MINING NEWS September 10, 2014 at 10:34:45 PM
JOHANNESBURG – Amid a market environment in which iron-ore prices were at their lowest level since the 2008/9 financial crisis, fund adviser Liberum believed the extent to which any fourth-quarter supply restock would drive prices higher may be limited compared with prior years.
The firm said in a note to clients that there were a few key differences in the demand, supply and inventory dynamics present this year than that of 2012, where a restock drove a strong bounce in iron-ore prices.
“With demand growth in China at half of 2012 levels, supply growth [greater than] 160% and iron-ore inventories 12-million tons, we don’t think the ingredients are present for a restock to drive a sustainable rally in prices are present.
“Indeed, the three conditions for a material restock – financial liquidity, expectations of an improvement in demand and scarcity of supply – all point to a much softer restock than in 2012,” Liberum outlined.
Demand indicators were still tracking well behind 2012 levels and deteriorating and, while headline crude steel production was strong, at 6.2% year-to-date, the drivers of iron-ore demand remain weak.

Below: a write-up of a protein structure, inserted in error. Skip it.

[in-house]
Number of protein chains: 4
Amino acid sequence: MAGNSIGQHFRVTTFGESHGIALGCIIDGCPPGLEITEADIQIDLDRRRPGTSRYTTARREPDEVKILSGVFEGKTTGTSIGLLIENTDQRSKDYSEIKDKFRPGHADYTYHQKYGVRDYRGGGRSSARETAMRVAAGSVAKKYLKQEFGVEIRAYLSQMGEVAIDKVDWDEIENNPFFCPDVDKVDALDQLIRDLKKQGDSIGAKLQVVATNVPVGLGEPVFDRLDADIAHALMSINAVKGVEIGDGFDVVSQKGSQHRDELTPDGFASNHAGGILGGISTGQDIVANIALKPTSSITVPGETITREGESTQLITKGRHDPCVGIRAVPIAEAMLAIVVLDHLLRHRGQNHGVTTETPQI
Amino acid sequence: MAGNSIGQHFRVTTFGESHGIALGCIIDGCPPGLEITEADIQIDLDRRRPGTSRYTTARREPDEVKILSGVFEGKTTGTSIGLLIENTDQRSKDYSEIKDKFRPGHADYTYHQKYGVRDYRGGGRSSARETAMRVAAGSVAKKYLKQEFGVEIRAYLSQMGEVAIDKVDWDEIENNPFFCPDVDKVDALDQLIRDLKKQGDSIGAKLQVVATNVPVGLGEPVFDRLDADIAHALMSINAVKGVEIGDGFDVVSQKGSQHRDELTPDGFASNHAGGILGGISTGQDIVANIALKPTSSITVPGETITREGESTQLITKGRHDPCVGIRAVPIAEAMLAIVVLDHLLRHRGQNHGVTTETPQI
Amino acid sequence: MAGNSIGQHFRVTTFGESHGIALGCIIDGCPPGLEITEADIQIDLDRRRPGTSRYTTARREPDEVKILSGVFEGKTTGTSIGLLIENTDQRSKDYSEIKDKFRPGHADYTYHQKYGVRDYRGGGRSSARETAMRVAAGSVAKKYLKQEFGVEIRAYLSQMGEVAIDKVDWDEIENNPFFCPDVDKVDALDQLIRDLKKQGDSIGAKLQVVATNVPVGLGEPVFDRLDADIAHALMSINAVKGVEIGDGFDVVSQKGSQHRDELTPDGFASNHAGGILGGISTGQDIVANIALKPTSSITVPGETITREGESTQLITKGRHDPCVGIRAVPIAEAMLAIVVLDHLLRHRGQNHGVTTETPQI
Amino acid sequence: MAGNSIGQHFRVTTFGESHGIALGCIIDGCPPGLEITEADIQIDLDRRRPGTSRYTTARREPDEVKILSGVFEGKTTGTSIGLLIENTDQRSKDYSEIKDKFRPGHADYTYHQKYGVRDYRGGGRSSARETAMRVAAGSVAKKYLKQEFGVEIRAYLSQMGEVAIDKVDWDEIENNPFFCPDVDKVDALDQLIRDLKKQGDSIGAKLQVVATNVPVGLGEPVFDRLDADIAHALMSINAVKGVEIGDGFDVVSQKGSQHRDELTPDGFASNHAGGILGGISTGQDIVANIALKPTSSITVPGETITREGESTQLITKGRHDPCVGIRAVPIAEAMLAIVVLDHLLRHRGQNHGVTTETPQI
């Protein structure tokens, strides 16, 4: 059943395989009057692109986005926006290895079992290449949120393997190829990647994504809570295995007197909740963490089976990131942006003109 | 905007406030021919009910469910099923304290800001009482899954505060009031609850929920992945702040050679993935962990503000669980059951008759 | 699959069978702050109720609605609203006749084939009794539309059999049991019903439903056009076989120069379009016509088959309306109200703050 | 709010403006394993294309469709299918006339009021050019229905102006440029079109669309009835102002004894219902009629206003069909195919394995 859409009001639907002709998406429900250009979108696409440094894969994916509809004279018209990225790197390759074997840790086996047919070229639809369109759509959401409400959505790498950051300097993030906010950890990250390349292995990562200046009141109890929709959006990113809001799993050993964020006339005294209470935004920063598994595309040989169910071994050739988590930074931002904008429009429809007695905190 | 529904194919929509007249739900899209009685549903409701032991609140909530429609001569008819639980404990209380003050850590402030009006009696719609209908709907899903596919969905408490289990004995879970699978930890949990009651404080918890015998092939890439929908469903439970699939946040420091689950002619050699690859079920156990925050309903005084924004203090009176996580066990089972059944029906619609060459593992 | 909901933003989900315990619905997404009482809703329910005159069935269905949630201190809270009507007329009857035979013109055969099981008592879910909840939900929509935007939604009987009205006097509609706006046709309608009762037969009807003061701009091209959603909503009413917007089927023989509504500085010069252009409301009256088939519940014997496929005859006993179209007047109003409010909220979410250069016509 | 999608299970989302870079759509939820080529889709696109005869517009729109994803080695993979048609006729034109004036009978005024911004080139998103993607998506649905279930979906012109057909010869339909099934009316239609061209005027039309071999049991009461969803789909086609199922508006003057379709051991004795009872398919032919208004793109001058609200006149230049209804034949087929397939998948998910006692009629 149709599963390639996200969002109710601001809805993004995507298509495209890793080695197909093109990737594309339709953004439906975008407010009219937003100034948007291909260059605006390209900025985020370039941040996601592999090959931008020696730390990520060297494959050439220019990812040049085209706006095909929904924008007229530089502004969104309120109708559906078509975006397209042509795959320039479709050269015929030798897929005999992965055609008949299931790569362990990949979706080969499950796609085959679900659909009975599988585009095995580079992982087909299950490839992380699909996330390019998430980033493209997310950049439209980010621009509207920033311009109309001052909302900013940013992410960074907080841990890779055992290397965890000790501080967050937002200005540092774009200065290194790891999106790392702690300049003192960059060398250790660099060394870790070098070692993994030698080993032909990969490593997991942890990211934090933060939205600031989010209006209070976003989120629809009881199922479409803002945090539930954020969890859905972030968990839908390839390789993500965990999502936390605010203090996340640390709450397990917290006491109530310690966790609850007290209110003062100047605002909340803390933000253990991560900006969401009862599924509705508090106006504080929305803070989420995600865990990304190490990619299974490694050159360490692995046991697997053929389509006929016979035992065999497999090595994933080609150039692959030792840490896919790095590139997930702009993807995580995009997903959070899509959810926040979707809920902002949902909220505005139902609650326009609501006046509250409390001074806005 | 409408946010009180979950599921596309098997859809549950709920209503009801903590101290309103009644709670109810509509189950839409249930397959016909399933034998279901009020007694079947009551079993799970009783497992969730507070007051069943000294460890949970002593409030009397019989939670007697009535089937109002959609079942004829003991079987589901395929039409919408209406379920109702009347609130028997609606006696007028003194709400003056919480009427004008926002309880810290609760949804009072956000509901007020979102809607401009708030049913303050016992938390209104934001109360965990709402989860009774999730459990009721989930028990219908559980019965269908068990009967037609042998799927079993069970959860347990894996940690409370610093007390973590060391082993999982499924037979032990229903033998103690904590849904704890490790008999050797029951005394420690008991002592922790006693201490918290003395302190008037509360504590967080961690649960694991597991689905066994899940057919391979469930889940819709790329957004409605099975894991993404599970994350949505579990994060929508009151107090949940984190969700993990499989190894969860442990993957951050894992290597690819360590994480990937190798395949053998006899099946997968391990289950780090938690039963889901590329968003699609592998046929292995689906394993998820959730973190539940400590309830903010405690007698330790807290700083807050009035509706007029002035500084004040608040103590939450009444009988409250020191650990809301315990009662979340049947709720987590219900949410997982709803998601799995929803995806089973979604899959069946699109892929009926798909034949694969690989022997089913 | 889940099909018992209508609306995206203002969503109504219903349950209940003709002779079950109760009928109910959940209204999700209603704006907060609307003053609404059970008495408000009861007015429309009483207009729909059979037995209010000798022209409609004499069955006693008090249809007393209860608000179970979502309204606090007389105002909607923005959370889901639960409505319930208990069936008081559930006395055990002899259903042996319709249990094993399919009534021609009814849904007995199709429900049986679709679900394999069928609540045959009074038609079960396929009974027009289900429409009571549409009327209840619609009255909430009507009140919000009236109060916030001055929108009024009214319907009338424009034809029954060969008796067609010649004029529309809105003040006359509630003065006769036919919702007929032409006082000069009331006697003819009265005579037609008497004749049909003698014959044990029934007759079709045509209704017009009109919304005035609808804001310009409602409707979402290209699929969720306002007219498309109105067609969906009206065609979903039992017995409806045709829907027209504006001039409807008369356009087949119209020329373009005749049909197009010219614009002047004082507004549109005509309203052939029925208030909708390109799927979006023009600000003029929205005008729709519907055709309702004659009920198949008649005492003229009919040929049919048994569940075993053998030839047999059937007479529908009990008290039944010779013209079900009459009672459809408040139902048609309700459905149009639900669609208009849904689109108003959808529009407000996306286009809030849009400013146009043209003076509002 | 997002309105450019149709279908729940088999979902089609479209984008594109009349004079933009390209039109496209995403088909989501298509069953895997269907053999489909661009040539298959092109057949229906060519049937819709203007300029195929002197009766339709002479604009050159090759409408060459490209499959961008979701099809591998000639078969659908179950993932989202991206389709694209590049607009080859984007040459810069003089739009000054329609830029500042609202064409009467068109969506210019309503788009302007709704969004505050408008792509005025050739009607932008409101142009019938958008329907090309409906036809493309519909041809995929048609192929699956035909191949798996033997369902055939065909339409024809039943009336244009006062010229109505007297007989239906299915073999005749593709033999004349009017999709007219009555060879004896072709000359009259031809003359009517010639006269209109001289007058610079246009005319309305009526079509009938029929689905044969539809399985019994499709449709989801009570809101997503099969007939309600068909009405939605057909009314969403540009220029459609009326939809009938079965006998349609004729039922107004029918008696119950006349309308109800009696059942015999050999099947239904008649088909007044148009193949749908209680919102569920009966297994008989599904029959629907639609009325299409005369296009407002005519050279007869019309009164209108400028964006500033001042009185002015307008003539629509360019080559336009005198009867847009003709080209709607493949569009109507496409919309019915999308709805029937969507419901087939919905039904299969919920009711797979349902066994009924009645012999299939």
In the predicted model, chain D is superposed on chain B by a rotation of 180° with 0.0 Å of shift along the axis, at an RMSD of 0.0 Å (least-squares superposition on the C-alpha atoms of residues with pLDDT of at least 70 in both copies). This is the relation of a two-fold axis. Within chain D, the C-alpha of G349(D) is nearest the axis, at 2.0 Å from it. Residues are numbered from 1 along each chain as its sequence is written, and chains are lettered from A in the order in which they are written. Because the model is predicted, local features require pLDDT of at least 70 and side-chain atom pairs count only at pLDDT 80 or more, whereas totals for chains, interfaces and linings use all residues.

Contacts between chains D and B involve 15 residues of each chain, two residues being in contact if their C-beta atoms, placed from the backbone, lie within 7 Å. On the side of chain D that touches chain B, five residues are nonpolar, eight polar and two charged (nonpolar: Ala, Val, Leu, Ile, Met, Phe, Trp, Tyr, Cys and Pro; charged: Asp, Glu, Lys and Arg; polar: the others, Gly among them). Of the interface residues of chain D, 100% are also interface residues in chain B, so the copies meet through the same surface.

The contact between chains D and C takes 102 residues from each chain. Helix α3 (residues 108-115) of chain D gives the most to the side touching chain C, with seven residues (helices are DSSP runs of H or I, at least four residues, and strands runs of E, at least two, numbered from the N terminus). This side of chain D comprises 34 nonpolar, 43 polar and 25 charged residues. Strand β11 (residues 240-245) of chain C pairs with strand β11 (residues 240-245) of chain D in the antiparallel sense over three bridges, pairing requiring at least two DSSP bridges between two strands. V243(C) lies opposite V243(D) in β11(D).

In addition, pig iron production had been tracking below crude steel production growth as Chinese scrap consumption grew, substituting the use of iron-ore.
“Looking back to the 2012 restock, pig iron production was running at a 3.7% growth rate in the first half of the year and grew to 4.3% in the second half.
“This year, pig iron production growth year-to-date is 40% lower, at 2.2%, and recent prints are negative year-on-year,” said the firm.
It added that a similar scenario was evident with growth in apparent steel demand.
While implied steel demand grew 6.4% in the second half of 2012, this year growth was tracking at 3.3% year-to-date, while monthly demand figures had dipped into negative territory for the first time since 2012.
On the supply side, in 2012, the four major iron-ore producers grew exports by 48-million tons, compared with a targeted 130-million tons in 2014.
“Despite this, growth in the second half of this year is likely to be of a similar magnitude, with 46-million tons of incremental supply expected to be added in the second half of this year,” Liberum outlined.
Meanwhile, iron-ore port inventories in China in August were up 12-million tons on that of August 2012, more than offsetting marginally lower steel inventories.
Converting the additional inventory into steel would see steel stock levels up to 21-million tons, or two weeks supply – more than 65% higher than in August 2012.
Courtesy : miningweekly.com